Wednesday Bible Study by Pastor Tim
Light a candle
Read Matthew 25:31-46
This coming Sunday, Nov. 22, we celebrate Christ the King, and the final Sunday in the liturgical year. A new church year begins with Advent on Nov. 29. This past lectionary year (Year A) has featured the Gospel of Matthew, and this text will likely be the last story from Matthew we will hear on Sunday for three years. Accordingly, Matthew sends us out with a bang!
This text is sometimes called the “Final Judgment” or the “Judgment of the Gentiles.” Once again, Matthew depicts the scene in sharp divisions—this time between sheep and goats. He also ratchets up the judgment “heat” as we read through chapter 25. First, some of the bridesmaids are kept out of the wedding feast (25:11-13), and then the slave who hides the talent in the ground is thrown into outer darkness (25:28-30). Now, in this last scene, the “goats” are thrown into eternal fire (25:41). Where is the good news in this? It’s challenging to say the least!
Let’s explore a couple of different interpretations, and see where the Holy Spirit leads us. One interpretation is that this text is a call for Christians to serve the hungry, thirsty and the needy, because Christ is in the “least of these” (25:40). However, what strikes me in this scene is that neither the “sheep” nor the “goats” see Jesus anywhere. Both groups ask the king the same question, “Lord, when was it that we saw you hungry…?” (25:37, 44) The reason for separating out the two groups is not because one saw Jesus and one did not, but rather because one group responded directly to human need and one group did not. So perhaps this story leads us not to look for Jesus’ face, but simply to care for other human beings who are in need. And leave it at that. (By the way, Matthew 7:12 from the Sermon on the Mount provides instruction about how to treat those around us: “Do unto others….”)
Another interpretation centers on the phrase that could be translated “all the nations” or “all the Gentiles” (25:31)—the same word (Greek, ethne) could be translated “nations” or “Gentiles.” Does the Son of Man gather all nations and judge all of humanity? Or does the Son of Man gather and judge all the Gentiles, which for Matthew means those outside of the faith community (non-Christians and non-Jews)? So if the word “Gentiles” is meant, then this would be a judgment scene for those outside of Matthew’s beleaguered community, and they would be judged by their deeds of mercy toward the “least of these,” who are Jesus’ disciples. Scholar Daniel Harrington says that this scene asks an important question: “By what criterion can non-Jews and non-Christians enter God’s kingdom?” (Harrington, “The Gospel of Matthew” in the Sacra Pagina series, p. 360) In other words, does God look favorably on those outside of faith communities because of their acts of humanitarian aid and support?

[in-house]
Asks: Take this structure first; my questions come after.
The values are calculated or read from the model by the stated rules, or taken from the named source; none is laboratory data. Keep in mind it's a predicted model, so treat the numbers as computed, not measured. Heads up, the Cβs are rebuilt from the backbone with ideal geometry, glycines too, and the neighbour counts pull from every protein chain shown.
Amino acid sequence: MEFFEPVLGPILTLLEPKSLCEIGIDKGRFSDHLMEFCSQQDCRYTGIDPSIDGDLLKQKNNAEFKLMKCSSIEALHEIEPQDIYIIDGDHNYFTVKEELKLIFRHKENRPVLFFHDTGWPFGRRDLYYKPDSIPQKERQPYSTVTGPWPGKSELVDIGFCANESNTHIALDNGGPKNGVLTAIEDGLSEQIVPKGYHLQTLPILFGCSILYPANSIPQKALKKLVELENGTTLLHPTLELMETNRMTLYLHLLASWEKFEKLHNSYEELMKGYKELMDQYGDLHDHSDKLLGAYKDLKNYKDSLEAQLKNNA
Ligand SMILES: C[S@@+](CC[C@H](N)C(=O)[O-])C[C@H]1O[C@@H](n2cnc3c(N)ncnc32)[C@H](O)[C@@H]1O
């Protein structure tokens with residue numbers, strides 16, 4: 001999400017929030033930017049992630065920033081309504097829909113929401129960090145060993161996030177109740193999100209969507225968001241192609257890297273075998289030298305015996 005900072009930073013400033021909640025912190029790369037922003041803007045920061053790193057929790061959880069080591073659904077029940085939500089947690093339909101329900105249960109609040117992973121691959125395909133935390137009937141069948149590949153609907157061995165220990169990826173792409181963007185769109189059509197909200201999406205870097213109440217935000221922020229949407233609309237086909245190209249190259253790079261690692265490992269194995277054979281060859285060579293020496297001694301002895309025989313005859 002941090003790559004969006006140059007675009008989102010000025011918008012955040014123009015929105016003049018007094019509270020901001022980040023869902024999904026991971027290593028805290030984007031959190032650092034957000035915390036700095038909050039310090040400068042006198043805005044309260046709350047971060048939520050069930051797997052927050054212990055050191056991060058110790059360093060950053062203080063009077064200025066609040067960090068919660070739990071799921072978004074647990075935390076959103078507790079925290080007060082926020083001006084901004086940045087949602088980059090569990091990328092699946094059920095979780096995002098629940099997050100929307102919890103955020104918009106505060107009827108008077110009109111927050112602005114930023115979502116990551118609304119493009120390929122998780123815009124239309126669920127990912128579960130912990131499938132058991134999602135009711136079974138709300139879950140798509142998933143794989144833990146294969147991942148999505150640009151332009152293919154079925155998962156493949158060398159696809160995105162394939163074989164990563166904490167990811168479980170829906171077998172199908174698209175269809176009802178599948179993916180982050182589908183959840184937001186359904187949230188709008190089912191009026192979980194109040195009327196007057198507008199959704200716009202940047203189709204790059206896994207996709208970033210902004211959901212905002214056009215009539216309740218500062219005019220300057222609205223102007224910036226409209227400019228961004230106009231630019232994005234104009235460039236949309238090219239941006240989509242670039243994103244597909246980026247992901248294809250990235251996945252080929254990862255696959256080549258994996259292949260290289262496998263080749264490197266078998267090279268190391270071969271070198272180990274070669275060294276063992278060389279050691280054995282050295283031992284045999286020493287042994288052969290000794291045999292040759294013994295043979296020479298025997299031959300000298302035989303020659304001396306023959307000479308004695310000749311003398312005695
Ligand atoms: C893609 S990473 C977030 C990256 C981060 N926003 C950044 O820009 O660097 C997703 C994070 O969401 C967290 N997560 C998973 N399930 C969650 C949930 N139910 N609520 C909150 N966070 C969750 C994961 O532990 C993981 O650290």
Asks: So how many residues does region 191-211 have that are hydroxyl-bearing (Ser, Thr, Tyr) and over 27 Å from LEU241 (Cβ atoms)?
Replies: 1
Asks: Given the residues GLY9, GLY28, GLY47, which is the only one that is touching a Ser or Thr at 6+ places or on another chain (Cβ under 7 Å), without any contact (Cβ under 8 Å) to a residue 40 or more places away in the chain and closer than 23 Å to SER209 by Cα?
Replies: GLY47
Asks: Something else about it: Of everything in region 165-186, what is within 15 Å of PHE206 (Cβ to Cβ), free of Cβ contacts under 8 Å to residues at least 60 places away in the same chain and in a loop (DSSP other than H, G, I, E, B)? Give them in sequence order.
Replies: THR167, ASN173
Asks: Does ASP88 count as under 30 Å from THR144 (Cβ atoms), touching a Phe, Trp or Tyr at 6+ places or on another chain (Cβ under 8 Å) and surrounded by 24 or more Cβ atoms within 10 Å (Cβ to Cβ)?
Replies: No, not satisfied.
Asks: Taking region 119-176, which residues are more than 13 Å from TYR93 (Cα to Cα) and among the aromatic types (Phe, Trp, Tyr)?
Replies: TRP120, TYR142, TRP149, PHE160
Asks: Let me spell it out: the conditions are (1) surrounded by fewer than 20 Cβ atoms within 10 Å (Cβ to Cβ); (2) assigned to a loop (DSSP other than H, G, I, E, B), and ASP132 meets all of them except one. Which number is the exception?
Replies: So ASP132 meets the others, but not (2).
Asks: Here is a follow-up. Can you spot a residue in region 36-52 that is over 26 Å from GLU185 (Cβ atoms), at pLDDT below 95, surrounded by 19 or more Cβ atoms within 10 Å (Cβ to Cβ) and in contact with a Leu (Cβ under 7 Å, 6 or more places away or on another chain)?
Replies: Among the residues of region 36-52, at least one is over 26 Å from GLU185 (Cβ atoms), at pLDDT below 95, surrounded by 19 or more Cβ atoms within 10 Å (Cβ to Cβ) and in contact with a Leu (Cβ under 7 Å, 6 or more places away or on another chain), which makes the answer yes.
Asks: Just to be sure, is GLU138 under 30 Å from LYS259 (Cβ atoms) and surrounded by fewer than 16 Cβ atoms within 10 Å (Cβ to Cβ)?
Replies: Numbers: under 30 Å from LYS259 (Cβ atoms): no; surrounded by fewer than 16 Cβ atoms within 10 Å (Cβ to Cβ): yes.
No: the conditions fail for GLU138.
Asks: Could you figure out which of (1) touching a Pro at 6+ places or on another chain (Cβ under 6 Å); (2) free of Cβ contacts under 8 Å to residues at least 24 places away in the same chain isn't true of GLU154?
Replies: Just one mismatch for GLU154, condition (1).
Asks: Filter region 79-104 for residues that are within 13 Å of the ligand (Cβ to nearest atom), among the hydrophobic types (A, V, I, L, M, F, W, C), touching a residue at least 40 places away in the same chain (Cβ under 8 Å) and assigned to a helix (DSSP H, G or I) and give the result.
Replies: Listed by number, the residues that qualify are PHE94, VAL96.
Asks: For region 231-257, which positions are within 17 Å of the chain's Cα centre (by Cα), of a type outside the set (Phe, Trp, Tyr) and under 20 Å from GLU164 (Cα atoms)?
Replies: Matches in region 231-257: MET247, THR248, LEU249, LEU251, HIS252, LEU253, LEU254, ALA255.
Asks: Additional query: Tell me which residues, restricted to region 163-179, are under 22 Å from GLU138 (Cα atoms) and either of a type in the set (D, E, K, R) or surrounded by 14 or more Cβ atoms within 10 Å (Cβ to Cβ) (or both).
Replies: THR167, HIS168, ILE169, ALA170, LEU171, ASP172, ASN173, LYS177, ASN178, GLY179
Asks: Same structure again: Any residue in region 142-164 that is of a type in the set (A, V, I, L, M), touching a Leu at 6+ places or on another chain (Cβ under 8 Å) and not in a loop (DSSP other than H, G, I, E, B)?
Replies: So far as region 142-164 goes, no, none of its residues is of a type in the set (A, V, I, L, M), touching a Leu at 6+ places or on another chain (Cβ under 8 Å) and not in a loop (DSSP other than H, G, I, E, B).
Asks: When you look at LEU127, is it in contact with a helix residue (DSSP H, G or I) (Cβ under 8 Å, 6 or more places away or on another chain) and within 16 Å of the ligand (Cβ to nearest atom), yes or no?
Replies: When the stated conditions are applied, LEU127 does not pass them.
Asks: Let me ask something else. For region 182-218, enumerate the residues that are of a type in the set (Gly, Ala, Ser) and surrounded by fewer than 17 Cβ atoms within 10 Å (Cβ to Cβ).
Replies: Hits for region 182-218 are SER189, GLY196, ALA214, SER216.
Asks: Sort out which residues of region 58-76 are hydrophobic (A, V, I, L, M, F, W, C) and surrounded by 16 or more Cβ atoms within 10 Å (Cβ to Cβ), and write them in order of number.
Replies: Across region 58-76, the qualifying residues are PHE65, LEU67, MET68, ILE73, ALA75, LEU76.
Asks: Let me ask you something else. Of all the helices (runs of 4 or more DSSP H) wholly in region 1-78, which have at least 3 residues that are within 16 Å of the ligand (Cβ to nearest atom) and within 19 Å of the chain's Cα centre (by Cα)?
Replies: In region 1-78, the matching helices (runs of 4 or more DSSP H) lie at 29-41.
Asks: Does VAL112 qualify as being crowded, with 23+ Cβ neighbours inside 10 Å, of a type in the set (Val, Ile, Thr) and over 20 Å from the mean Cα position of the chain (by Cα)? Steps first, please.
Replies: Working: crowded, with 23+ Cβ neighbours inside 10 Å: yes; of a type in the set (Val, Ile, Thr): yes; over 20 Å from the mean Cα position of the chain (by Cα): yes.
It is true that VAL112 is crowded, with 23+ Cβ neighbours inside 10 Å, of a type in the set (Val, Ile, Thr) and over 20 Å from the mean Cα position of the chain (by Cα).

One final viewpoint is to note that this text is not the end of Matthew, but rather it leads to Jesus’ passion, death and resurrection. Immediately when he finishes the story, Jesus tells his disciples, “…The Son of Man will be handed over to be crucified.” (26:2) The Son of Man in today’s story, the Righteous Judge, is the same Son of Man who is crucified—the human being (Hebrew, adam) who thirsts for justice, is thrown outside the city, and left to die naked and abandoned. Jesus identifies with our human vulnerability, weakness and mortality.
Dirk Lange suggests that the suffering and death of Christ reveals God’s mercy for all of us. The cross and resurrection is the final judgment of God—and the way the faith community lives out mercy. In Jesus, the church discovers that “God is always outside the circle they draw and the boundaries they create.” (Lange, “Commentary on Matthew 25:31-46,” 11-23-08, workingpreacher.com)
In the vulnerable human being, Jesus Christ, we receive the mercy and compassion of God’s kingdom. His kingdom, his loving presence, continues to break into our lives as we care for the hungry, thirsty, ill and strangers around us—even if we do not see it.
1) Where do you experience the kingdom of God, the reign of Christ?
2) What are the pressing needs around you—in your family, friendship, co-workers, neighborhoods and world? How is God leading you to respond to them?
3) When have you received mercy and compassion while you were hungry, ill, sick, in prison or struggling with life?
4) How does the Holy Spirit speak to you through this story?